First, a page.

Distance: 6.5 miles (10.4 km) total
This hike takes you through dense forest and a few meadows, starting with an uphill climb on the east side of Inverness Ridge to a ridgetop with ocean views. Most of this hike's distance is within the Phillip Burton Wilderness. This area was burned in 2020, when lightning strikes in the Woodward Valley started what became the Woodward Fire.
Start at the Bear Valley Trailhead and follow the relatively flat Bear Valley Trail south for 0.8 miles (1.3 km). Turn right on to the Meadow Trail to begin your ascent to the crest of Inverness Ridge. While the Woodward Fire burned along most of the length of the Meadow Trail, it primarily burned in the understory and left most of the canopy of the Douglas fir forest intact. The trail does pass through a fairly large meadow (after which the trail was named), but views from the meadow are of forested hillsides less than a mile distant. As a result, there are very few far-reaching views from this trail until you reach the ridge crest. The Meadow Trail ascends about 840 feet (~255 m) over a distance of 1.6 miles (2.6 km) before intersecting with the Sky Trail 2.4 miles (3.8 km) from the Bear Valley Trailhead. The elevation at this intersection is ~1080 feet (~327 m).
Turn right onto the Sky Trail and, after 55 yards (50 meters), bear right onto the Mount Wittenberg Trail. Head north and east 0.4 miles (0.7 km) to the Mount Wittenberg–Z Ranch trail junction along the ridge crest at an elevation of 1270 feet (385 m). Along this section of the Mount Wittenberg Trail, you may be rewarded (weather dependent) with views looking west across the peninsula to the Pacific Ocean.
From the Mount Wittenberg–Z Ranch Trail junction, the 0.3-mile-long (0.5-kilometer-long) Mount Wittenberg Summit Trail leads, as its name suggests, to the summit of Mount Wittenberg (elevation 1407 feet (426 m). The once unobstructed views from near the summit have, since 2000, become obstructed by dense Douglas fir thickets that sprouted shortly after the 1995 Vision Fire. While the 2020 Woodward Fire burned through much of the forest around Mount Wittenberg, the view-obstructing Douglas fir thickets were largely left unscathed. So, without being rewarded with views for their effort, many hikers pass on ascending the Mount Wittenberg Summit Trail.
From the Mount Wittenberg–Z Ranch trail junction, head north and follow the Z Ranch Trail through a thicket of Douglas fir for 0.7 miles (1.2 km) to the Horse Trail. Turn right and follow the Horse Trail east and downhill for 2.4 miles (3.8 miles) to its junction with the Morgan Trail. Along this section, there are a few gaps in the forest canopy that provide views to the north of Inverness Ridge and Bolinas Ridge and just a little bit of Tomales Bay. Turn right and follow the Morgan Trail around the west side of the Morgan Horse Ranch to return to the Bear Valley Trailhead.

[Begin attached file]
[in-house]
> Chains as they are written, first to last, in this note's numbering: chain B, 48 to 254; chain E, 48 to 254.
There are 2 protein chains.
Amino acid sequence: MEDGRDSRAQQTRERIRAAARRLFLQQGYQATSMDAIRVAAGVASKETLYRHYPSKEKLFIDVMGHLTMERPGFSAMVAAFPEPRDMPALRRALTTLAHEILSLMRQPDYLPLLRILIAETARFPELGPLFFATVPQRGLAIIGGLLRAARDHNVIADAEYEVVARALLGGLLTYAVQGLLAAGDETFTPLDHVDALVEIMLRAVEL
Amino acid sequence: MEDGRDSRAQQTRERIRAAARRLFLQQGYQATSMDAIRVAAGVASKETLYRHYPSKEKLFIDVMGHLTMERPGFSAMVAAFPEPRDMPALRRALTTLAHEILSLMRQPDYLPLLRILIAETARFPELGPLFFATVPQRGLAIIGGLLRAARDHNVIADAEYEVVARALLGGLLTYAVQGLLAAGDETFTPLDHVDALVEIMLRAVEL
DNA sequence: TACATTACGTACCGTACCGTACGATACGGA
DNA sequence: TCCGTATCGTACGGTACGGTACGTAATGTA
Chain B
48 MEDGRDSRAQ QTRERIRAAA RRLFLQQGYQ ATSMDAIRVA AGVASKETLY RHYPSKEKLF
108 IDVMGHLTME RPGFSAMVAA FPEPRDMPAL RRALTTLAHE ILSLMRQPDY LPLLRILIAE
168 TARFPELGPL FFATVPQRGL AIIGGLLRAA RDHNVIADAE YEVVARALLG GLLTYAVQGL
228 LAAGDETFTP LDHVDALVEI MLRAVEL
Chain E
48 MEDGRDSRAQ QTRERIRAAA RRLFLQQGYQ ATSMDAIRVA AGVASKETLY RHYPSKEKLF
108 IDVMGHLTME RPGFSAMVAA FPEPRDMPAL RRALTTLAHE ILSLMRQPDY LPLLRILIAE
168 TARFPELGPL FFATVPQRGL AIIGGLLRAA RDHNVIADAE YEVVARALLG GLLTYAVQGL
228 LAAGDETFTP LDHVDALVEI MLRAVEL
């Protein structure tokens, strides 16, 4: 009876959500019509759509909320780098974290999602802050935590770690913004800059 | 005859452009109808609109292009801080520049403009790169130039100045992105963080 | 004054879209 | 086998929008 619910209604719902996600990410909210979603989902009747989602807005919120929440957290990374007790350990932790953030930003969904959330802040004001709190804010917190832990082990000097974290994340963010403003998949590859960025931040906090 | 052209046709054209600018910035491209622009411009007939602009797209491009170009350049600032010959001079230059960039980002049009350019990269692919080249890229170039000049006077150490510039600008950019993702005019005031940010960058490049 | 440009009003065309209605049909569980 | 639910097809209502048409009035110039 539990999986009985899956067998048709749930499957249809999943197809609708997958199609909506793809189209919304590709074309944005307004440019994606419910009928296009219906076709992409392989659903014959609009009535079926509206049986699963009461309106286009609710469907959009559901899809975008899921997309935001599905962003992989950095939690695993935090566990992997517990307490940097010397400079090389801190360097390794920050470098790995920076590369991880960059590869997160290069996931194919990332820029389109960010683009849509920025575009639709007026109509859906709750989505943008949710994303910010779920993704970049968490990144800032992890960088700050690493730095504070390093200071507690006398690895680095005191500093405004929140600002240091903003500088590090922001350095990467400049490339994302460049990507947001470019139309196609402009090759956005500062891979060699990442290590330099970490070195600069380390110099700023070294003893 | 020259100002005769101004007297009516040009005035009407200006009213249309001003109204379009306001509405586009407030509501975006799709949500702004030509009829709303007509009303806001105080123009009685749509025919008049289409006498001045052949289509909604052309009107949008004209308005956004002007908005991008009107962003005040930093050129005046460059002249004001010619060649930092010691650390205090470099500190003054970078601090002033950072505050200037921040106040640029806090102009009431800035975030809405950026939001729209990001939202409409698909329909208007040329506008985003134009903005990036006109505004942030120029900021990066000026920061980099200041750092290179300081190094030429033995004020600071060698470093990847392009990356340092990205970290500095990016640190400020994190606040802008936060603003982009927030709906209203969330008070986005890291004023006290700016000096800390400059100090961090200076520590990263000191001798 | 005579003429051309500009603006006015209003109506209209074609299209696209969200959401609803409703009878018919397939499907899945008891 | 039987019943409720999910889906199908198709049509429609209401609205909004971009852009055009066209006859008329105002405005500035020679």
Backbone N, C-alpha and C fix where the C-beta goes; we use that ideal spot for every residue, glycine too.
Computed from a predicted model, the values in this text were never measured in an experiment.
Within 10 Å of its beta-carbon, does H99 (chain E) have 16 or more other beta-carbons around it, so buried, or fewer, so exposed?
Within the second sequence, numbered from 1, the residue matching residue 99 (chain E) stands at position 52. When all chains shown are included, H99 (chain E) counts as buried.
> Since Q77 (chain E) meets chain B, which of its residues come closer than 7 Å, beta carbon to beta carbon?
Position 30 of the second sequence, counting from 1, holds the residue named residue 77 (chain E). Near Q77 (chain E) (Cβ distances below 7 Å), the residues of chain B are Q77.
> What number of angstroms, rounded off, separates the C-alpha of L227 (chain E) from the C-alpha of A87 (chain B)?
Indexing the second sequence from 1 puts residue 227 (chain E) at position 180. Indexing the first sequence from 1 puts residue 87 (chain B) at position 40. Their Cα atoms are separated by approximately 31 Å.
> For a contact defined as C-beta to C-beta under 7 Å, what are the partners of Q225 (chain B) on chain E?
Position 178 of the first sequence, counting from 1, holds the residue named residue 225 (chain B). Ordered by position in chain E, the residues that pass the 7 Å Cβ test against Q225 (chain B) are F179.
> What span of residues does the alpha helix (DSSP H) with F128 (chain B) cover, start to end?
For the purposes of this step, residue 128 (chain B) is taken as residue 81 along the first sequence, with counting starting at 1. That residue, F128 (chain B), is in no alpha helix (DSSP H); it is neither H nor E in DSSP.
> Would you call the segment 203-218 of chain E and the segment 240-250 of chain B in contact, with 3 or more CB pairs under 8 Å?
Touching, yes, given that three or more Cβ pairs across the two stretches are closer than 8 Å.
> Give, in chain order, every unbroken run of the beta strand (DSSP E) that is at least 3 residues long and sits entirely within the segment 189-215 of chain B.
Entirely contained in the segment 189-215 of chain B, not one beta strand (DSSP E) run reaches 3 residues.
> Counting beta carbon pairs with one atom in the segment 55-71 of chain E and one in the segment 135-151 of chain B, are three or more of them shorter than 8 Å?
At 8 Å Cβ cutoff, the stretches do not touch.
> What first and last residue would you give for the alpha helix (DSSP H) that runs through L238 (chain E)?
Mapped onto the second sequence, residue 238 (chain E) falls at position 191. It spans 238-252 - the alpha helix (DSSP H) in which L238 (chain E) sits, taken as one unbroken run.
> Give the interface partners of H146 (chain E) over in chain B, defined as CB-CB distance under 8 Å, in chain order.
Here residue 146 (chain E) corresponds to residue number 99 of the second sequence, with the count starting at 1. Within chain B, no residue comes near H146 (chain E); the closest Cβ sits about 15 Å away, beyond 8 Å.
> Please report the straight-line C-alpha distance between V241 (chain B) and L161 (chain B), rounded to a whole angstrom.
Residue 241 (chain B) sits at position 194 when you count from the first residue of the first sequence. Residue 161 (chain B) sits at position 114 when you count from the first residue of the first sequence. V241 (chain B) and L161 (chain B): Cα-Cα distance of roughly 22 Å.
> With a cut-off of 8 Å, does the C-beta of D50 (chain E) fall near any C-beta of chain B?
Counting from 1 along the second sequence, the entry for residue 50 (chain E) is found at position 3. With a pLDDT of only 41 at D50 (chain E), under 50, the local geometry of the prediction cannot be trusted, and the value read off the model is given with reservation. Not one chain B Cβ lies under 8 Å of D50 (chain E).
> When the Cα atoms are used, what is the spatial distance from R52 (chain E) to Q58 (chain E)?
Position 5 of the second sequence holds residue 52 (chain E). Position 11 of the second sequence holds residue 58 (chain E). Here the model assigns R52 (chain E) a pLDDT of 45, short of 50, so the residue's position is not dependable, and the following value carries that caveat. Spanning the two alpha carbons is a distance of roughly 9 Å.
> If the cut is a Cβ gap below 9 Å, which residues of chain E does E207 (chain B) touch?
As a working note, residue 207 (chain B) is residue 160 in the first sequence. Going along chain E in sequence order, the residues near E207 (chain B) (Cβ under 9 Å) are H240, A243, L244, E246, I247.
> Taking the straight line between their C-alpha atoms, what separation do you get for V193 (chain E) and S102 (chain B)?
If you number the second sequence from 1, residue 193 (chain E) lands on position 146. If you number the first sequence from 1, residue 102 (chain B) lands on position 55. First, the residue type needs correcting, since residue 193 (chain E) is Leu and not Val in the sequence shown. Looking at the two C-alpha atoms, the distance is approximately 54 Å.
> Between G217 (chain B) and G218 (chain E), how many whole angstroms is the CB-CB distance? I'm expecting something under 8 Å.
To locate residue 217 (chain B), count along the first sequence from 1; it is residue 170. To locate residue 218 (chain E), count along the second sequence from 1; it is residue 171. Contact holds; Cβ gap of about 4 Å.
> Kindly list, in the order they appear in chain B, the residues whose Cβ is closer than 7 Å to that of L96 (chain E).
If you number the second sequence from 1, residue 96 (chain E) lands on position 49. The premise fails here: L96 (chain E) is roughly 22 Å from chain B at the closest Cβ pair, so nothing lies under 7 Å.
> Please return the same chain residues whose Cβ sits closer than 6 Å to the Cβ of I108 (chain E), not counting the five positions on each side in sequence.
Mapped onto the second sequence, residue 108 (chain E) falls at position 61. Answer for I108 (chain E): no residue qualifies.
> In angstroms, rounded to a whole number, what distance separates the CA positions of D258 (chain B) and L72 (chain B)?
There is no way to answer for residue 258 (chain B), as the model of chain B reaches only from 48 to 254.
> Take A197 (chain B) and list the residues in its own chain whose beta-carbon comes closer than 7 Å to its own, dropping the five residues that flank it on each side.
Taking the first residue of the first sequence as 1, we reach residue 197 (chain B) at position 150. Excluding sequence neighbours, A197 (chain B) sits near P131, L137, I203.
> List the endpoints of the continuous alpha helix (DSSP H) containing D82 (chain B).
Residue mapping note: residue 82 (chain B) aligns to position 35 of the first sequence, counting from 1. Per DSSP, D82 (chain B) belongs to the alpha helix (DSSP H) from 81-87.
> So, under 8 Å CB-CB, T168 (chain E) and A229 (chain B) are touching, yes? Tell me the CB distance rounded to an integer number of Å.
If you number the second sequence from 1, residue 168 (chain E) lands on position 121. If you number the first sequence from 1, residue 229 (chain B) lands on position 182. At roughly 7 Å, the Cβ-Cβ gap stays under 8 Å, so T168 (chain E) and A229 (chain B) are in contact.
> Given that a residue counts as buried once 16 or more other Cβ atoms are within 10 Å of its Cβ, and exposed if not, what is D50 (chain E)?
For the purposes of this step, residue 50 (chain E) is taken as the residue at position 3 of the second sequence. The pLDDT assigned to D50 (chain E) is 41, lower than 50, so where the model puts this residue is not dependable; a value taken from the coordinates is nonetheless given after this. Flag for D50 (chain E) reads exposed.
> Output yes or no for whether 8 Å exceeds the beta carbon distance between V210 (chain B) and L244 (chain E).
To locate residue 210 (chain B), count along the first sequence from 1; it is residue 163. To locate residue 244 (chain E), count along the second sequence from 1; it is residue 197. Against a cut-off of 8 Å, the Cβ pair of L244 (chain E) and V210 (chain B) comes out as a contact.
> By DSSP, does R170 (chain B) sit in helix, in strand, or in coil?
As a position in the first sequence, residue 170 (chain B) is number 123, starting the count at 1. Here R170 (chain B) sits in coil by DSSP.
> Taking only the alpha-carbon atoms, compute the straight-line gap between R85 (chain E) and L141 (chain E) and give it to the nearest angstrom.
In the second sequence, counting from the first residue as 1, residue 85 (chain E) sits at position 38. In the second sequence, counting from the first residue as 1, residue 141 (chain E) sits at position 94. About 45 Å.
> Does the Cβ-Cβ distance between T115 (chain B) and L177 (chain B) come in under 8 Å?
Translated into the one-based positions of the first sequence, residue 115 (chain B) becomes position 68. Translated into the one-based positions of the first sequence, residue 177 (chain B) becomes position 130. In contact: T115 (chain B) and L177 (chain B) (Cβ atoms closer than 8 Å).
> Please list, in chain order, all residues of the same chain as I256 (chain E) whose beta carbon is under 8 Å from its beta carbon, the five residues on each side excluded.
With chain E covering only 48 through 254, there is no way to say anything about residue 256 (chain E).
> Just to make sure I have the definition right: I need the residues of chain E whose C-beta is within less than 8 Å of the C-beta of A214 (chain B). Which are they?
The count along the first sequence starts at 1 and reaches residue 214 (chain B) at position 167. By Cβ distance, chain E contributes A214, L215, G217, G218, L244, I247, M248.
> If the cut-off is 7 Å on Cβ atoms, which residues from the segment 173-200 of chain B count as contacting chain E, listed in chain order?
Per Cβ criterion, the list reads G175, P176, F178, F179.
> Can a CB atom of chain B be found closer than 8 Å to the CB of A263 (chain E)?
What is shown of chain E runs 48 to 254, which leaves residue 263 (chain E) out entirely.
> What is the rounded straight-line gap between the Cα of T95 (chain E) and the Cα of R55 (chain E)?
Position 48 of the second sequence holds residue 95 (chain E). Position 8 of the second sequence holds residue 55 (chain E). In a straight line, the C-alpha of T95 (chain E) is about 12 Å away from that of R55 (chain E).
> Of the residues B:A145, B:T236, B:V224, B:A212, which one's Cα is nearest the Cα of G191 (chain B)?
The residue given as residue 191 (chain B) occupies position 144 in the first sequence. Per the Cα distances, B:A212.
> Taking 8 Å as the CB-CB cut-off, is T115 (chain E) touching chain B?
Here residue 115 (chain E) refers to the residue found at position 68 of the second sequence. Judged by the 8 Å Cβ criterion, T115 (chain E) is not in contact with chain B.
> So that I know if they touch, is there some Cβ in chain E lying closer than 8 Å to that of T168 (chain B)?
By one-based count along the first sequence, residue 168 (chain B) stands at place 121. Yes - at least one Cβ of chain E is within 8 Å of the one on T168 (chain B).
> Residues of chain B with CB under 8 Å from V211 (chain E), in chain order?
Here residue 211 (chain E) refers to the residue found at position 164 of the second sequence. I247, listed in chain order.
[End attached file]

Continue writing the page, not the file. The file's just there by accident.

Restrooms and water are available at the Bear Valley Trailhead parking lot. Otherwise, there are no other facilities along this route, unless, instead of following the Mount Wittenberg Trail north from its junction with the Sky Trail, you follow the Sky Trail north for 0.5 miles (0.8 meters) to Sky Campground. Potable water and vault toilets are available at Sky Campground, along with a trailside picnic table. (If you use the picnic tables at the designated campsites, be prepared to vacate the site if campers with reservations for the site arrive.) From Sky Campground, you could return to the Mount Wittenberg–Sky Trail junction, or continue north for 0.5 miles (0.8 km) along the Sky Trail to its junction with the Horse Trail. Turn right to follow the Horse Trail for 0.4 miles (0.6 km) to its junction with the Z Ranch Trail and then bear left to stay on the Horse Trail.
This route description alone is not a substitute for a trail map. Print out the Point Reyes National Seashore's South District trail map (3,422 KB PDF) before your visit, or pick one up at the Bear Valley Visitor Center on your way.
Visit the park's Hiking at Point Reyes National Seashore page for hiking tips and information about trail etiquette and safety.
Visit the park's Trail Advisories and Closures page for current information about closed trails, trails blocked by trees, or other temporary hazards or advisories.